Close to the Sun Review

Close to the Sun takes place in alternate reality, where renowned inventor Nikola Tesla truly fulfilled his vision and potential. Playing as Rose, you board Telsa’s world famous research ship the Helios at the request of your scientist sister, Ada. Once on board however, it soon become apparent that not only are you unwelcome here, but whatever has gone down is bad news. As you step through the main doors, the word ‘Quarantine’ are scrawled across them in blood. From then, you’re off on a horror adventure that, while engaging enough to see you through to the end, doesn’t lean heavily enough on the setting and atmosphere to stand out as one of the greats.

The majority of the short runtime will see you ambling about the Helios, going from room to room investigating clue after clue as to what’s gone on, where your sister is and how you are going to get out. The characterisation of Ada, Rose and the supporting cast is well realised, with some admittedly cheesy dialogue still being brought to life in a convincing manner. I found myself getting invested in the scenarios, whether that be chasing down someone for info, or Rose’s often convincing mumbling as she sees something see can’t quite explain. The pace of these exploratory sections can drag a little at times, especially when solutions require some back tracking across areas. Rose moves at a snails pace even when holding the run button, and somehow turns even slower – even at the max sensitivity. But for the most part, solutions come forward pretty naturally and you’ll always have the feeling of progression.

Occasionally though, the horror elements will kick in. Whether escaping from a knife wielding maniac or some otherworldly beasts, the tension early on is quite palpable. Unfortunately, it soon becomes clear that these are not sections that require much thought or effort. The knife wielder, for example, is an early sequence; when he appears, Rose is informed to avoid him at all costs after she witnesses him murder some unlucky soul in front of her before wandering off. I was prepared for a stealth section to follow, but I soon realised that he had vanished from the room completely. It was only when opening the gate to proceed did he reappear. These segments all play in exactly the same way throughout, with Rose suddenly gaining a boost of speed as she runs from her aggressor in scripted chase sequences. Again, the first time through these feel tense; pull the trigger and the view will swing to to look behind you. The chaser is never far away, and combined with the music and general audio I did find the heartbeat went up a few notches. But it’s hard to fail these areas. As long as you keep running, they’ll never catch up to you. The only time I died was when I missed a signposted route, ending up in a dead end and restarting the sequence. On a second play, these chases become rather dull, with any and all tension ripped out from them.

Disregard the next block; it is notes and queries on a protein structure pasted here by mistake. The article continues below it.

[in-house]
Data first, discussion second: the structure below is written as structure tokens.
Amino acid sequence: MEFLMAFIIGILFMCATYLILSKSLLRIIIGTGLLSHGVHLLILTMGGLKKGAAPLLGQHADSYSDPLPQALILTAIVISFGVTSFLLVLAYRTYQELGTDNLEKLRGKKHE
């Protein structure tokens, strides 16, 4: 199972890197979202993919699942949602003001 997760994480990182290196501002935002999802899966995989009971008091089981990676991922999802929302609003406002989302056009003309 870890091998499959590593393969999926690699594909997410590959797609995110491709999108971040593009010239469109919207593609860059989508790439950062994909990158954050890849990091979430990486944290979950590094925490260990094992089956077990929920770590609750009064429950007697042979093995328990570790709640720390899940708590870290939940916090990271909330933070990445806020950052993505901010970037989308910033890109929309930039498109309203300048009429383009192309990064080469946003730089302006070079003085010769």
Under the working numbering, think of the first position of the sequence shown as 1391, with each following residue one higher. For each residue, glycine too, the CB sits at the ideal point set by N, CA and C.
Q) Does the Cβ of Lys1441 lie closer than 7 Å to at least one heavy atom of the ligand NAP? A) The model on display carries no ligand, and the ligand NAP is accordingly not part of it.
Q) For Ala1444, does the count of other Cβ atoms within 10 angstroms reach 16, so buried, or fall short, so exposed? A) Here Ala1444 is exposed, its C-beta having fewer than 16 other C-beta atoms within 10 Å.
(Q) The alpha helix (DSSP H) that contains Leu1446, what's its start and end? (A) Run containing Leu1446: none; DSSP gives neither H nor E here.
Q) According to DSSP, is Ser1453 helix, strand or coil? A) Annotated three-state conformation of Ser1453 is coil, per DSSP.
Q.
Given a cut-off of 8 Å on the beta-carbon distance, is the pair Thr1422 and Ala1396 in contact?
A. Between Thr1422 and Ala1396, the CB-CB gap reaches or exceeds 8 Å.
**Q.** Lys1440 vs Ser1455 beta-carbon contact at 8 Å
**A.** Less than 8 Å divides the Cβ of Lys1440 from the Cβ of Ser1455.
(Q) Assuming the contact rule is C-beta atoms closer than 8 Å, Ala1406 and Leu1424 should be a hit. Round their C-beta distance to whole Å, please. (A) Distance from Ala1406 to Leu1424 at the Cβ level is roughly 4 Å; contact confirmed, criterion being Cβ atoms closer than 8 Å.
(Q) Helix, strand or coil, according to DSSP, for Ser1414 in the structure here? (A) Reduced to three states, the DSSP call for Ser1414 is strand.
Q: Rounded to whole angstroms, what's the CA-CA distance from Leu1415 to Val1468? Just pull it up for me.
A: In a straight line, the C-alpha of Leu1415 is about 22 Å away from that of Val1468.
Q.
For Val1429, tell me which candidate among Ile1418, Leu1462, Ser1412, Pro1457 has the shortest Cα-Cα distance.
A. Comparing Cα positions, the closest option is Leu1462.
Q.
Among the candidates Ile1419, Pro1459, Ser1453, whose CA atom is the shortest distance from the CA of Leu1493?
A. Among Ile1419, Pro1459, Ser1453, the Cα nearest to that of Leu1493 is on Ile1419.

It’s a shame, as the world building the Storm in a Teacup have done is absolutely gorgeous. While very reminiscent of Bioshock, the detail and artistry on display is stunning, putting Unreal Engine 4 to good use. Huge golden statues glimmer under bright spotlights, water refracts and ripples beautifully and even the plethora of bulbs and dials distort under the less than perfect glass casing. The grisly scenes are immaculately detailed too, with bits and pieces of the unfortunates strewn about the place and blood smeared over finely detailed carpets and walls. When there’s a lot going on the resolution can dip noticeably – on my OG console at least – but that never really distracts too much. The audio is of a high quality too; bangs and crashes off in the distance, the echoing of unseen footsteps and crackling of electricity all give the world an authentic sense of place.

Outside of the disappointing horror elements, there’s an engaging narrative to keep you hooked throughout. Flashes of past events hint at the fate of the crew, while the twists and turns of the characters – while not wholly unforeseen – are well executed enough to at least keep you playing. Chapters are short too, with the 10 on offer lasting anywhere between 20 minutes to an hour each, depending on how thoroughly you explore the world.


While I was disappointed by the horror aspects in Close to the Sun, overall I found my time with it to be quite engaging. The story and characters get their hooks in just enough to keep you playing, and the world building – from the gorgeous visuals to the incidental details and notes left behind – is brilliant. That it keeps its run time brief is to the games credit too, as yet more chase sequences would definitely have harmed the experience.

This game was tested and reviewed on Xbox One. All of the opinions and insights here are subject to that version. Game provided by the publisher.
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  • Stunning visuals
  • Brilliantly crafted atmosphere
  • Audio envelopes you in the world
  • Engaging story that keeps you invested
  • Pace can be quite plodding at times
  • Horror aspects underutilised
  • Chase sequences disappointing
Gameplay - 7.5
Graphics - 8.5
Audio - 8
Longevity - 7
Written by
I've been gaming since Spy vs Spy on the Master System, growing up as a Sega kid before realising the joy of multi-platform gaming. These days I can mostly be found on smaller indie titles, the occasional big RPG and doing poorly at Rainbow Six: Siege. Gamertag: Enaksan

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